We've been winding down our summer here, three birthday parties under the belt and one more holiday weekend to go. Since it's the end of the season I've been looking at swimwear for my kiddos (because who doesn't need to save money next year by buying close outs this year, right?), and it always make me think of the first time I heard someone talk about "body safety rules".
Body Safety Rules are a set of concepts or guidelines that everyone should know, and that can be taught to children at a very young age, as long as we keep it simple. Body Safety Rules help children to establish and maintain personal boundaries, and can help them respond to anyone who might be looking to break any of these rules.
So back to the swimsuits. The first body safety rule is to teach children (or anyone for that matter) which parts of the body are private. "Private parts" are generally covered by a swimsuit, even if it's just a bikini for females and trunks for a boy. The breasts, buttocks and genitals are covered by swimwear. So this is an easy way for any of our little water babies to start to remember which parts are private and why we cover them up when we're outside in a pool or at the beach (as opposed to when we're at home in the privacy of the bathtub). We cover them up because they are our private parts, not for other people to see or touch without appropriate permission.
We can then start moving the conversation to some of the other important body safety rules. Another concept that goes seamlessly with the swimming attire is the anatomically correct name for our body parts. While all the little idiosyncratic ways that children learn to talk and label things are precious (my son still calls his boxes of apple juice "apple boxes") they can cause confusion if a child ever needs to communicate to a trusted adult that someone is making them uncomfortable by asking to touch or see one of the private parts. So help the kiddos learn the simple labels so they can effectively communicate with us (which comes in handy for medical issues as well). For example, when my son sits on the potty I always remind him to make sure his penis is pointed down.
We can help them start to label their body parts during the donning and shedding of the swim wear. And this leads right into a conversation about why we cover up these parts in public. Little ones can start to understand that these areas are "private" parts of their body, parts that it's not okay for other people to touch or see (outside of parents/caregivers doing routine hygiene like diaper changes, baths, dressing, etc.). If someone like a doctor or new babysitter needs to have access to these parts, permission is needed. Our little ones can understand that they can say "no", and that they can tell us (or other trusted adults) if someone is trying to touch or see the parts that are covered by the bathing suits.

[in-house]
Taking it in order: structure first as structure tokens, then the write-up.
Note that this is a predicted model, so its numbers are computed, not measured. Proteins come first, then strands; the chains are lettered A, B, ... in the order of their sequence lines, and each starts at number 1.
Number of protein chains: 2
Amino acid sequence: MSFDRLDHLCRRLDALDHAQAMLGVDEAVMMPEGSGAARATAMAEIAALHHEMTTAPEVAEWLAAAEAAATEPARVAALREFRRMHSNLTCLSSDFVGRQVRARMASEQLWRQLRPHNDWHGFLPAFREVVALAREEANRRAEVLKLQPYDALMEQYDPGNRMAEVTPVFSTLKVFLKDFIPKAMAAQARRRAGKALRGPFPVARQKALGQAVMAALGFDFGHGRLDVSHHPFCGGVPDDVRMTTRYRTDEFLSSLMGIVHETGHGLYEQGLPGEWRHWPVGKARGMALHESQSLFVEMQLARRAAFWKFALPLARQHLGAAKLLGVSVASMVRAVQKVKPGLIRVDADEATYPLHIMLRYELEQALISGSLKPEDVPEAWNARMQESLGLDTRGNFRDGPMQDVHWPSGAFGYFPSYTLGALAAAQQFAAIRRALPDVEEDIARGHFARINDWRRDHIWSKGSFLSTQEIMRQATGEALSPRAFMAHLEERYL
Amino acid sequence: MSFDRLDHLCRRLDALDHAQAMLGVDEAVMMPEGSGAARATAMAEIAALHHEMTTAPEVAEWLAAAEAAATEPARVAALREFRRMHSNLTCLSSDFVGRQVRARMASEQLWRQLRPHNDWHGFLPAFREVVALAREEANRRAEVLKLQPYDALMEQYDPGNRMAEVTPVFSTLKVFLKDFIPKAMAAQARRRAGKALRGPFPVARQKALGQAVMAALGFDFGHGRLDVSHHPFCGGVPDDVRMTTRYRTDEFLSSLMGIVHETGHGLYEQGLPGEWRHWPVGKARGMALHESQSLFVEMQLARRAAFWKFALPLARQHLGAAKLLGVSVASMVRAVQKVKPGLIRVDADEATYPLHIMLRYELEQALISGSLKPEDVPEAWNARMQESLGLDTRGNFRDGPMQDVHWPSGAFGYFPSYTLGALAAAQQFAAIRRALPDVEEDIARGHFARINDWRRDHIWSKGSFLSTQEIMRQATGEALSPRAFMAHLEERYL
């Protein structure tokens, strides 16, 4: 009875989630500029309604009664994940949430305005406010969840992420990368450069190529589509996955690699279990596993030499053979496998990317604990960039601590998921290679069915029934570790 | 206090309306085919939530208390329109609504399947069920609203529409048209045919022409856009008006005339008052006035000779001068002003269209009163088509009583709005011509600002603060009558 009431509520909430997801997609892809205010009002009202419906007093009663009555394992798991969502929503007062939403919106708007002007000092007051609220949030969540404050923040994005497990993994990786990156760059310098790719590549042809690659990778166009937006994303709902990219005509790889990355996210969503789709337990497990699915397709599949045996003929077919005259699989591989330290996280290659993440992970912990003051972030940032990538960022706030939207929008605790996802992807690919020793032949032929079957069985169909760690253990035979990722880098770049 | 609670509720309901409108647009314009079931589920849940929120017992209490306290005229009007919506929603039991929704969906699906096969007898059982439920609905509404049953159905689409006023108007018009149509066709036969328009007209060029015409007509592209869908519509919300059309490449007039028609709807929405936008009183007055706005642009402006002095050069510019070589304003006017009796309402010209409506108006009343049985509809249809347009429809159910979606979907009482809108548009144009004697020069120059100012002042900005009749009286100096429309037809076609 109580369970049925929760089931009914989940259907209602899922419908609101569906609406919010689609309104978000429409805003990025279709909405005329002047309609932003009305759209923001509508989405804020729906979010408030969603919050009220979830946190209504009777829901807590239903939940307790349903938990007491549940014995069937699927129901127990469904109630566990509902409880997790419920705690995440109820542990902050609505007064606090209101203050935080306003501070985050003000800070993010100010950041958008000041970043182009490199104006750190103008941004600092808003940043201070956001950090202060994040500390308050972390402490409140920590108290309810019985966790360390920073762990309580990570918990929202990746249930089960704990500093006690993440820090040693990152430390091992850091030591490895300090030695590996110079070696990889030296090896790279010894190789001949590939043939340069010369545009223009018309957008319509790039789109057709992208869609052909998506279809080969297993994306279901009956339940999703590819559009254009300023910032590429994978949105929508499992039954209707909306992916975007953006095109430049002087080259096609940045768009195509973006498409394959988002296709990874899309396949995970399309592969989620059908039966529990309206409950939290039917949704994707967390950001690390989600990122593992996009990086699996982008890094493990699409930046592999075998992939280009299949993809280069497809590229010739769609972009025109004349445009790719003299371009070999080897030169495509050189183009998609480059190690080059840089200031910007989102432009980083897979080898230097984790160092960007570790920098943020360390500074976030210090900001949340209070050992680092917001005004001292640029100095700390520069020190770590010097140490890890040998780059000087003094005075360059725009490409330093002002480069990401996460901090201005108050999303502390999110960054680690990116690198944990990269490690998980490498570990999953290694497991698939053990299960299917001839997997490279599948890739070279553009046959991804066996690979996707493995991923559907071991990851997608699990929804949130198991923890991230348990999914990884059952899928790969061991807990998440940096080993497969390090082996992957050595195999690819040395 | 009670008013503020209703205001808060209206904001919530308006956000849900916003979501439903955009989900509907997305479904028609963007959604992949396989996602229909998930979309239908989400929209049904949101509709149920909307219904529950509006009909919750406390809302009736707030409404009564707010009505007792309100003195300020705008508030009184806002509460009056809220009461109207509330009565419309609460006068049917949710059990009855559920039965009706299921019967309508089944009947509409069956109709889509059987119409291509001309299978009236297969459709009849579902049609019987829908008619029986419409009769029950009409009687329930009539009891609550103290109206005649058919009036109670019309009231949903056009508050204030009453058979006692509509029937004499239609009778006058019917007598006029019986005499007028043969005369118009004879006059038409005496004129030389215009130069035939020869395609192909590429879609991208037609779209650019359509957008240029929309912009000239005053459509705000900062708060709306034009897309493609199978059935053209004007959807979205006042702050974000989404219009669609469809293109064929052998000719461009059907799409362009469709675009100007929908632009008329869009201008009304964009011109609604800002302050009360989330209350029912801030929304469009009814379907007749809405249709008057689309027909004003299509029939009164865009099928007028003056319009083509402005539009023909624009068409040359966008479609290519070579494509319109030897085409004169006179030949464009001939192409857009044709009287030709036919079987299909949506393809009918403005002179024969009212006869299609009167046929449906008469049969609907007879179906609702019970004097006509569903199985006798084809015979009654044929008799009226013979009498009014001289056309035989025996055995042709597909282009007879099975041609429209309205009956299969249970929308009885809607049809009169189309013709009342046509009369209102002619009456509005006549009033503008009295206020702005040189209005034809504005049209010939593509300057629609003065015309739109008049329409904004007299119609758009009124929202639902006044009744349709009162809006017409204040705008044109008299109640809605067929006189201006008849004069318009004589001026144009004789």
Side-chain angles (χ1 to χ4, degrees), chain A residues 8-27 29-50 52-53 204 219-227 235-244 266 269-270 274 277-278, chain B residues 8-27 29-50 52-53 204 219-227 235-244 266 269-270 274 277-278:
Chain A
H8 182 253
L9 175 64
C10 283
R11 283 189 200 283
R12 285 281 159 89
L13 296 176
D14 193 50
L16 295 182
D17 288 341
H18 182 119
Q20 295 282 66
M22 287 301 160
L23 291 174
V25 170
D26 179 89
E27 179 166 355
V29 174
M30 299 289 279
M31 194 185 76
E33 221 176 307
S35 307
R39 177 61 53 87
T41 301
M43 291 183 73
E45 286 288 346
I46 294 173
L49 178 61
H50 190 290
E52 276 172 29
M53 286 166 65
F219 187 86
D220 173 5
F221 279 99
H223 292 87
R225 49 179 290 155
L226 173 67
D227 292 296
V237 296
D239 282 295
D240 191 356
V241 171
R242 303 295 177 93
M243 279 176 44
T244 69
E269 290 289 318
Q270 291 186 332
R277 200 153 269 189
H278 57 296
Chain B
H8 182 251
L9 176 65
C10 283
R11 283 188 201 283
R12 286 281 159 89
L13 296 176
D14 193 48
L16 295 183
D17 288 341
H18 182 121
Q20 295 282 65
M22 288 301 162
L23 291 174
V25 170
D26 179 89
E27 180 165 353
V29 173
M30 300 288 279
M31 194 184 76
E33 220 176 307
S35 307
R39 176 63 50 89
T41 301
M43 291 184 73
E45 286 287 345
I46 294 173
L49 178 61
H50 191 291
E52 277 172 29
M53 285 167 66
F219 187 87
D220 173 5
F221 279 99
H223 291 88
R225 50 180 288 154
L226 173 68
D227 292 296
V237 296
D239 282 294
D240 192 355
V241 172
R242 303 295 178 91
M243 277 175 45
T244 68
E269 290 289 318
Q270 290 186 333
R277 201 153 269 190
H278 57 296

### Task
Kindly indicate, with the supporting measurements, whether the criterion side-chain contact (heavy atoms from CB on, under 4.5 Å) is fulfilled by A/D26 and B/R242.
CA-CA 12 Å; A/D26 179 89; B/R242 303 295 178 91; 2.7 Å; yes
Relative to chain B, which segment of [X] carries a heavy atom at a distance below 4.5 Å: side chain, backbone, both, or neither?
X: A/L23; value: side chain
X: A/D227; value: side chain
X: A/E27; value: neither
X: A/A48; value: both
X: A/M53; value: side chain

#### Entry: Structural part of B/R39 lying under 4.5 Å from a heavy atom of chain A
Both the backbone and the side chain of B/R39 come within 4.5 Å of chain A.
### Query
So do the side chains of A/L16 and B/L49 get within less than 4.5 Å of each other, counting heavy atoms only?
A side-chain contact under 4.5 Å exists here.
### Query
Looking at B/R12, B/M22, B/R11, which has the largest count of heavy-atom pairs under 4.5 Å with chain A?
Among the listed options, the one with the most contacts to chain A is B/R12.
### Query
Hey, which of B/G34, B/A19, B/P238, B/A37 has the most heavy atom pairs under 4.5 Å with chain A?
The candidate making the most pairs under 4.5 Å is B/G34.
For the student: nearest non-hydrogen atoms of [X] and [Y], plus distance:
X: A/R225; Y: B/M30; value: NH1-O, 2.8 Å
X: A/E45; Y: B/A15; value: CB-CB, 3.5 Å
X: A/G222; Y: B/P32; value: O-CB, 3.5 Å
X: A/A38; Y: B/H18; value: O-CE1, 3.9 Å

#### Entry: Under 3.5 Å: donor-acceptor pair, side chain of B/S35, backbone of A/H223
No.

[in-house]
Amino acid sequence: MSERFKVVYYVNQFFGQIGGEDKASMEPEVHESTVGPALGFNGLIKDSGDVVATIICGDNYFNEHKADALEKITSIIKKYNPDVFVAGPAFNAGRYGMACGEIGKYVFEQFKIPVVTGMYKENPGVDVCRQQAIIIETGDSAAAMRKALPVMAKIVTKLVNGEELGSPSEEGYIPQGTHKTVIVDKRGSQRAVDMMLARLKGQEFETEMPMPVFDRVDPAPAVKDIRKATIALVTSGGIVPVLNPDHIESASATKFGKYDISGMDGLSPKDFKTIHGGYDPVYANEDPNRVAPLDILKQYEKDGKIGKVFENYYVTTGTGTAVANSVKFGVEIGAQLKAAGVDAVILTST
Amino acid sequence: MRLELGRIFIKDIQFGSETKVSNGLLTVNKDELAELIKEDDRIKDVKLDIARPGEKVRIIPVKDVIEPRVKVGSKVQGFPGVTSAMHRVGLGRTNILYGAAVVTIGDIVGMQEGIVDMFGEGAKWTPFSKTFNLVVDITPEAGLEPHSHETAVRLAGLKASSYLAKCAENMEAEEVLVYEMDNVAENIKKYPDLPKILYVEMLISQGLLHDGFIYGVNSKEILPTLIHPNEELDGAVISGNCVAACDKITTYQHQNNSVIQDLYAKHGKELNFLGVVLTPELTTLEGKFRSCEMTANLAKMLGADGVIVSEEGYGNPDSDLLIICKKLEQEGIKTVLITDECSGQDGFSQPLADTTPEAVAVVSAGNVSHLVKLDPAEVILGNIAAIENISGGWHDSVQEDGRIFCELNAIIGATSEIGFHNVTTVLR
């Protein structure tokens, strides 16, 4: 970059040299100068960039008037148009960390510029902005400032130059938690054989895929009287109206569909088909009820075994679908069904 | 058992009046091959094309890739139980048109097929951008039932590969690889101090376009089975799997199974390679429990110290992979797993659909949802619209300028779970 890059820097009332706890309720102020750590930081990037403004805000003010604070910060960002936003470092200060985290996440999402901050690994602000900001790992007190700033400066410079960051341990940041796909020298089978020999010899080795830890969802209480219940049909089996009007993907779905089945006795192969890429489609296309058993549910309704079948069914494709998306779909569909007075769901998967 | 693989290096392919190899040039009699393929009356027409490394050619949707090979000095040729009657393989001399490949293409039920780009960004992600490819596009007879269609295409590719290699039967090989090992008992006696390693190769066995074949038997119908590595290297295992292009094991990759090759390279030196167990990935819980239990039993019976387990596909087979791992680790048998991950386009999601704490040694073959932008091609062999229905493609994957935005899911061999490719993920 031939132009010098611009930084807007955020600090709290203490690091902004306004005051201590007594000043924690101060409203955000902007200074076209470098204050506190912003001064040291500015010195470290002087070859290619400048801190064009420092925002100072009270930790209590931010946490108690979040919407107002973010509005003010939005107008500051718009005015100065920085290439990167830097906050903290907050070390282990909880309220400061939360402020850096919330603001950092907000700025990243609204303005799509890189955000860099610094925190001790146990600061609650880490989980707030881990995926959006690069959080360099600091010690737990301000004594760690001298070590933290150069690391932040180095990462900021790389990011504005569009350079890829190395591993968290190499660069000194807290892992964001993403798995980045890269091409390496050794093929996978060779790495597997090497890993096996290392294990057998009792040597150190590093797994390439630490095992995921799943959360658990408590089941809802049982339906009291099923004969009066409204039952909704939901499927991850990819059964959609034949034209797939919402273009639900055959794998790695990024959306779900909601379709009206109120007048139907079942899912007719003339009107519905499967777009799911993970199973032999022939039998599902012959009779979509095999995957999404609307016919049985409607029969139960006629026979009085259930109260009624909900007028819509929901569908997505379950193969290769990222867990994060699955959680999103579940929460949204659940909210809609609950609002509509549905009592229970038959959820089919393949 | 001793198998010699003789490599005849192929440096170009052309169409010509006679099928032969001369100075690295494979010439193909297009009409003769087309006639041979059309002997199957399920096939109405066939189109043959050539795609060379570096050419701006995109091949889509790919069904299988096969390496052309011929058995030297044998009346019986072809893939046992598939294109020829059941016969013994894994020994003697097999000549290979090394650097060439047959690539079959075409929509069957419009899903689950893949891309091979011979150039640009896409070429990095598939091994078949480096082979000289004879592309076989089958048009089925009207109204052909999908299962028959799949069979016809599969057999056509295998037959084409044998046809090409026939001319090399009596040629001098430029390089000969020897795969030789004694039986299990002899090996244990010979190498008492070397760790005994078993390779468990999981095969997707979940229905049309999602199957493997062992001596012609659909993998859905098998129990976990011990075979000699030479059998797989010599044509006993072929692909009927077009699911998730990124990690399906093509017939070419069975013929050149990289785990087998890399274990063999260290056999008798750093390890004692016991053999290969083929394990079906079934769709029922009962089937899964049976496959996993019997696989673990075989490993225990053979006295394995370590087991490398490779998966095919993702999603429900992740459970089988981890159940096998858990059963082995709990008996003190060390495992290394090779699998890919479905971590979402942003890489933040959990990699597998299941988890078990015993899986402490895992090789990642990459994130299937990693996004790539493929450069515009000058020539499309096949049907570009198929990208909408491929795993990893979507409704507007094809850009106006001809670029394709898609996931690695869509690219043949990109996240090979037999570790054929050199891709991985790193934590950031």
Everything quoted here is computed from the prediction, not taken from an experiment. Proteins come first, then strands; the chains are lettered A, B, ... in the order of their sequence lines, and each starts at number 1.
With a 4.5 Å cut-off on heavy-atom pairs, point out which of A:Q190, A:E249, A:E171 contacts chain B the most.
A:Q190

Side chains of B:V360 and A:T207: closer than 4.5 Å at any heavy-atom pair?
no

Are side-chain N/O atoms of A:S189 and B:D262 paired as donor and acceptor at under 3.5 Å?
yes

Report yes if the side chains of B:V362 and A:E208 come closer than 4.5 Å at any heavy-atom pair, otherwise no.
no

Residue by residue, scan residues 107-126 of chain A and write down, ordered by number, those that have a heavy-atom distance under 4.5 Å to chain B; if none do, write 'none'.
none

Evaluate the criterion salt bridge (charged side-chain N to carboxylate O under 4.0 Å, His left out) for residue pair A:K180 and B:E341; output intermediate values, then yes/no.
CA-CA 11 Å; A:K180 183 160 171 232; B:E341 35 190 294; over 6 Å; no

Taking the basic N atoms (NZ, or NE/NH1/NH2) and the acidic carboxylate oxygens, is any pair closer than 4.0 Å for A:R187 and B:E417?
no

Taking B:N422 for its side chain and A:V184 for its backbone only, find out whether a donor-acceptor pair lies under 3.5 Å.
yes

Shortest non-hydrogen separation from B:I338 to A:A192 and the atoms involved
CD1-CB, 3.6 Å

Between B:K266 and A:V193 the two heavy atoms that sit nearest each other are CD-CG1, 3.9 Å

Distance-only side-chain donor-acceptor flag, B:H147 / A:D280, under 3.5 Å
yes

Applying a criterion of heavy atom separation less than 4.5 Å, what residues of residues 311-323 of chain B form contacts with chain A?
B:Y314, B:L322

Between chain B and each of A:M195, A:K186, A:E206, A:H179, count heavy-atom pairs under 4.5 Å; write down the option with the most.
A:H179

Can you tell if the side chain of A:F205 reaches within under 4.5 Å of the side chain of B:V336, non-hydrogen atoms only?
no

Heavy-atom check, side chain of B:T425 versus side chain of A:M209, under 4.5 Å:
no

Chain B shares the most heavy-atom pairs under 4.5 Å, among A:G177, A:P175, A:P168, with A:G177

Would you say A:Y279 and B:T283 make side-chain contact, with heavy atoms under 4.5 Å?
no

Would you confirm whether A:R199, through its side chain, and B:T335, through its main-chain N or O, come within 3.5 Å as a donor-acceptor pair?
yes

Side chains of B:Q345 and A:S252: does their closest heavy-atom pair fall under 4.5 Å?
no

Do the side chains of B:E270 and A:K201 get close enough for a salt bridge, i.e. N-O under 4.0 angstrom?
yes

And a final note on telling us about anyone making them uncomfortable; our children need to know that it's never okay for someone to ask them to keep a secret about these parts of the body. Our private parts are, well, private, but that doesn't mean they are "secret". We can talk openly about them, everyone has them after all! So if anyone ever asks them to "not tell", or makes them feel uncomfortable talking about these areas, they need to tell us.
Swimsuit season is one of my favorite times of the year, for many reasons, and one of them is the easy and natural way these conversations can take place. Not to mention the fact that multiple days in the pool means lots of opportunities for the oh so important repetition of these ideas.
If you are looking for other ways to start or continue these conversations with your kids (or again, anyone that may need this information), feel free to comment on my blog or please log in to any of our chatrooms and practice with our trained facilitators and fellow survivors!
Have a great end of the summer everyone!